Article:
What is EMDR?
Standing for Eye Movement Desensitization and Reprocessing, EMDR is a specialized kind of therapy that allows traumatic memories to become desensitized, losing some of their emotional intensity. EMDR is an 8 step process. That process does NOT begin with the trauma processing itself. Instead, the therapist ensures that you have a stockpile of effective coping skills and resources to aid you in the trauma processing experience prior to beginning any sort of trauma processing. The goal throughout the therapy is to provide relief to trauma triggers and not to re-traumatize you in the re-telling of experiences. Only once a clear plan has been developed and coping skills are in place will the therapist guide you through the re-processing experience. Re-processing often involves specialized eye movements that the therapists guides you through while you simultaneously access a specific traumatic memory or severe fear. The two elements use both halves of your brain to more effectively neutralize the negative emotions and desensitizing the memory. The goal of EMDR is not to erase the memory, it’s to reprogram it so that it’s less traumatic.
What conditions can EMDR help with?
There are a lot of different situations in which EMDR can be helpful, making it popular for therapists and counselors around the world. It is best known for helping those clients who are recovering from a traumatic experience or those diagnosed with Post-Traumatic Stress Disorder (PTSD). However, research is indicating that EMDR may also be helpful with conditions such as anxiety/panic disorders, grief, severe fears or phobias, and even “common” problems such as self-esteem issues or anger issues.
How is it helpful with trauma?
There are a lot of ways the EMDR can be helpful to dealing with trauma. This specific kind of therapy can not only help someone heal from a trauma experience, but also improve their quality of life. For example, EMDR can be helpful with:
- Identifying the root memory: One key step in the EMDR process is uncovering where the trauma comes from, which can be helpful in understand when, where, and how it started.
- Processing the memory in a healthy way: EMDR is all about seeing the memory from a different point of view in terms of making it less traumatic and overwhelming. This perspective shifting plays a major role in the healing process.
- Improving your quality of life: EMDR tends to be helpful in reducing trauma triggers and reducing the impacts of trauma in your life.
What are the risks of EMDR therapy?
EMDR does not come without potential risks. Though EMDR tends to be gentle and stress-reducing, there is a potential risk of an increase in flashbacks, nightmares, or anxiety, usually in the short-term. Other memories may also resurface as trauma processing starts up that may be distressing. If you are in recovery from an addiction, EMDR processing may trigger feelings that, in the past, may have lead to a relapse. If you are a person in recovery (or actively use substances to cope with feelings), this will be something you should disclose to your therapist.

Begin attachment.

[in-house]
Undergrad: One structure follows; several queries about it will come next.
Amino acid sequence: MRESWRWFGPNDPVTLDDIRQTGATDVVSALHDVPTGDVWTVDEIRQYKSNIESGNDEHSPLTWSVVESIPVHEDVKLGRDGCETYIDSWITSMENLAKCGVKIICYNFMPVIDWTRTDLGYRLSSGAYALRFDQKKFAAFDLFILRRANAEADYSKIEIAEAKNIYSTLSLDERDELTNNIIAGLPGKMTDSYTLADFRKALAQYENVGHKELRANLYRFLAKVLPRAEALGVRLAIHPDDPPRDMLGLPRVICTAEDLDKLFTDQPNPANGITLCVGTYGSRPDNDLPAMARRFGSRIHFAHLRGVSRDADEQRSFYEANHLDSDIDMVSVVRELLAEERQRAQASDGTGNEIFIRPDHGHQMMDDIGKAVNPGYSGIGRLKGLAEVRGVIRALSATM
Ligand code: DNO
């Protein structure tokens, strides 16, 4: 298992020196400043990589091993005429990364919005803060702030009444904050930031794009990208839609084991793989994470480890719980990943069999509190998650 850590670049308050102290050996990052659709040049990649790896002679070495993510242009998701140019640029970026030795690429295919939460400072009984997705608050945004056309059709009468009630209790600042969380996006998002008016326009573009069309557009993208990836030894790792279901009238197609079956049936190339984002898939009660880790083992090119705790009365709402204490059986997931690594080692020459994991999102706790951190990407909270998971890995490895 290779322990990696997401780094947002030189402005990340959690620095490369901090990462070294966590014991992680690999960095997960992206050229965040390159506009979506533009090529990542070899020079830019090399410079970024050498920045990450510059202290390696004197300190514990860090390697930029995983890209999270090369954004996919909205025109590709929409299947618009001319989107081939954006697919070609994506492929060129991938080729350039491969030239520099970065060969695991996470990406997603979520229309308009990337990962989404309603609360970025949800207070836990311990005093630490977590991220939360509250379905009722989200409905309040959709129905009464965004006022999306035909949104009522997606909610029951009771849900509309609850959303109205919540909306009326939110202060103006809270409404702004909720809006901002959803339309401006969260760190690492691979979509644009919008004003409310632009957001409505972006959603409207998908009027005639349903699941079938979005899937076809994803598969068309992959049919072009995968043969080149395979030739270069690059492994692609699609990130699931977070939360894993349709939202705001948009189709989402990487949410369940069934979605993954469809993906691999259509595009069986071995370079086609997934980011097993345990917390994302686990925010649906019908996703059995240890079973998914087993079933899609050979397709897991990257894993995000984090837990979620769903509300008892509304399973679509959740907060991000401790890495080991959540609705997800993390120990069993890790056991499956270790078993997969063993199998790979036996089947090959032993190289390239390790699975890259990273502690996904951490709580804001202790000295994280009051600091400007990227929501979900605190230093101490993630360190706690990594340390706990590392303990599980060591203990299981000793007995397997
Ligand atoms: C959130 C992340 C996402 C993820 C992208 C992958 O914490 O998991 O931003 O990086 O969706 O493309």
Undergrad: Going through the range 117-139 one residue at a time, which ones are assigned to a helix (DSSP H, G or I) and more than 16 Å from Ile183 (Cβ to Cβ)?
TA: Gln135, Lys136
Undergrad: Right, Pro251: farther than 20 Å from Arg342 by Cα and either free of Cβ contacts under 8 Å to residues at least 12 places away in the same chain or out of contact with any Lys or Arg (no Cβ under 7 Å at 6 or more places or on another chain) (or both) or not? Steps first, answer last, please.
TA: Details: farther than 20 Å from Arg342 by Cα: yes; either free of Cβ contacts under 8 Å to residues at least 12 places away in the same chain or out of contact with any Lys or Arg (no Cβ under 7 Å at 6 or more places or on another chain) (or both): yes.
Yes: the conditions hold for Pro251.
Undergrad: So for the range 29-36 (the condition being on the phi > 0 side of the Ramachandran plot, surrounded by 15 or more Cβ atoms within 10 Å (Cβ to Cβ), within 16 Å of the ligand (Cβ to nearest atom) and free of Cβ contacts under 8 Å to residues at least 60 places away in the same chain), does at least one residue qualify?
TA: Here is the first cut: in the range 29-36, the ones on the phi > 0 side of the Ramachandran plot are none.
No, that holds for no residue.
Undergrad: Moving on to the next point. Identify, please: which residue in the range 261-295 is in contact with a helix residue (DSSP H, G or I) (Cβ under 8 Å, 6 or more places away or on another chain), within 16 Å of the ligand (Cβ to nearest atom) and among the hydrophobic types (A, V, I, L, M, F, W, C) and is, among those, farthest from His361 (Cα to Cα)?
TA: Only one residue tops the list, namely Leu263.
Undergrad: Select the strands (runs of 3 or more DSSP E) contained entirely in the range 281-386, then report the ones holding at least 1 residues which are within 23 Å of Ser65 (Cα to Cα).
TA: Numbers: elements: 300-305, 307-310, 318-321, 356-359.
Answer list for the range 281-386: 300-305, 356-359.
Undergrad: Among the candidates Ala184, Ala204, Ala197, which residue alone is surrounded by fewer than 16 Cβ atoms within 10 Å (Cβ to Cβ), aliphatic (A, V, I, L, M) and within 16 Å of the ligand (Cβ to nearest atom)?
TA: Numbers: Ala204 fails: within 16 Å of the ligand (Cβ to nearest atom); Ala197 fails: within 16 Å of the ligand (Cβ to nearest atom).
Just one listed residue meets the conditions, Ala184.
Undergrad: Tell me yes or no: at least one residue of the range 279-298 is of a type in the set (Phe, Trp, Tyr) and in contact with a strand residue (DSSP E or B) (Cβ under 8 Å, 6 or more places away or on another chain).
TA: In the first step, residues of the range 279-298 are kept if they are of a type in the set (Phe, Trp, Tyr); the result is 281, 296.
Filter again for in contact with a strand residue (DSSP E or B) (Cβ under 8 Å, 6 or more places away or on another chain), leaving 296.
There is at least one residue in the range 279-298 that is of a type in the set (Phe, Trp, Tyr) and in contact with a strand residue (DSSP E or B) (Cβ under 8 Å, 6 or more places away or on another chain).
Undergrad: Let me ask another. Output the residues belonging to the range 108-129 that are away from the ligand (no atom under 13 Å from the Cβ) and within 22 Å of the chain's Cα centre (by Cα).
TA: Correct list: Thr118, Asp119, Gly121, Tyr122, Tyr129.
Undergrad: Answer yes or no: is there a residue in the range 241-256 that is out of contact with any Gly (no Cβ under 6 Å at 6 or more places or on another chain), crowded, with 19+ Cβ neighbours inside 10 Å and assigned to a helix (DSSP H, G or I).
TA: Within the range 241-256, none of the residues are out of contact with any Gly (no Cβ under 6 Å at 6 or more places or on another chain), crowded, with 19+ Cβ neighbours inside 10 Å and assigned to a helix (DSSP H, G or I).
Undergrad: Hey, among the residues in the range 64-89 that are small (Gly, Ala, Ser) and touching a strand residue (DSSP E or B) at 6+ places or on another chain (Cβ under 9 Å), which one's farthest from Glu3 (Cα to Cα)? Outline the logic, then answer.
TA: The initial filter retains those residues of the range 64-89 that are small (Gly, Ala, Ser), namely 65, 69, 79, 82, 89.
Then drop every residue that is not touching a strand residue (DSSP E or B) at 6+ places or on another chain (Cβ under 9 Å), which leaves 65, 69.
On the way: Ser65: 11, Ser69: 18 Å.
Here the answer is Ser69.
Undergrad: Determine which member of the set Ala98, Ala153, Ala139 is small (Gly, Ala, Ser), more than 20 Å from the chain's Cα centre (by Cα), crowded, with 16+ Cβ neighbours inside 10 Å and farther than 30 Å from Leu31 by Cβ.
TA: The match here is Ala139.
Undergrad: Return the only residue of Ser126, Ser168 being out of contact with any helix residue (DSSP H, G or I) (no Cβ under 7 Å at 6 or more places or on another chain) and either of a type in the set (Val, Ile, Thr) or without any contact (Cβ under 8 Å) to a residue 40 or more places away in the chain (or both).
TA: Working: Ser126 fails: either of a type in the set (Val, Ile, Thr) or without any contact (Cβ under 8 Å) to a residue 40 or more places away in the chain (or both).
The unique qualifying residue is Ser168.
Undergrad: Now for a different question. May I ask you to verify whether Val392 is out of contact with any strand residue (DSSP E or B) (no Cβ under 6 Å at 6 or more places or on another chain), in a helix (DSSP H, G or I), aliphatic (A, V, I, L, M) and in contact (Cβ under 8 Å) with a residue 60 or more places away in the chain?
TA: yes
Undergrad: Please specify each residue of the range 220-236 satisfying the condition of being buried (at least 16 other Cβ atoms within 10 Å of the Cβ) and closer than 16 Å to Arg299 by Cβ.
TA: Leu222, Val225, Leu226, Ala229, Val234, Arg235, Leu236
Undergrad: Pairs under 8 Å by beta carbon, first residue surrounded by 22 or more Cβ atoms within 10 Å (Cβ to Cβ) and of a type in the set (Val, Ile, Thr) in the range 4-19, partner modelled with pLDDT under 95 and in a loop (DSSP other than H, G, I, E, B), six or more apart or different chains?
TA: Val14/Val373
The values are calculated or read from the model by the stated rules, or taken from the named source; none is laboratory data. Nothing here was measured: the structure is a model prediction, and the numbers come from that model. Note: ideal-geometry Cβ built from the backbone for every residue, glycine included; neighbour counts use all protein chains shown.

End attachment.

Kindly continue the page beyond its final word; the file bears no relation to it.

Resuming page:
The EMDR therapists on the Star Meadow Counseling team will fully review the risks and benefits of EMDR therapy with you in helping determine if it is a therapeutic approach that might be a fit for you.
EMDR can offer real results for people dealing with trauma. For those looking for options alternative to traditional talk therapy, this may just be the right fit.
Want to read more from our blog? Check out one of these articles:
One of the things most of us are taught as children is to never judge others. “Don’t judge a book by its cover!” And yet, despite our best efforts, many of us fall into the trap over and over again. Why do we do it? Here are four common reasons that explain this...
When was the last time you heard from your inner critic? You know, that voice in your head that constantly judges you, puts you down and compares you to others. The one that tells you you’re not good enough or smart enough and says things you would never dream of...
Fear of failure causes us to put the brakes on our life. When we’re so afraid of failing at something, we either don’t try at all, or we subconsciously undermine our own efforts to avoid an even bigger failure. Without question, fear of failure is immobilizing and,...
Life is challenging when you’re an introvert. What are simple interactions for many people can feel anxious and uncomfortable to you. The mere idea of taking part in certain social events can be exhausting and emotionally draining to an introvert. While some social...
We live in a society that worships the overachiever. Burning the candle at both ends and denying yourself pleasure until the work gets done is seen as honorable. And while having a good work ethic is definitely key to living your best life, it is also important to...
We invited our friend, Eve Parker at Simply Yoga, to share this guest blog, which provides information about the positive impact of yoga on a person's mental health and overall wellness. After reading the article, if you’d like more information about...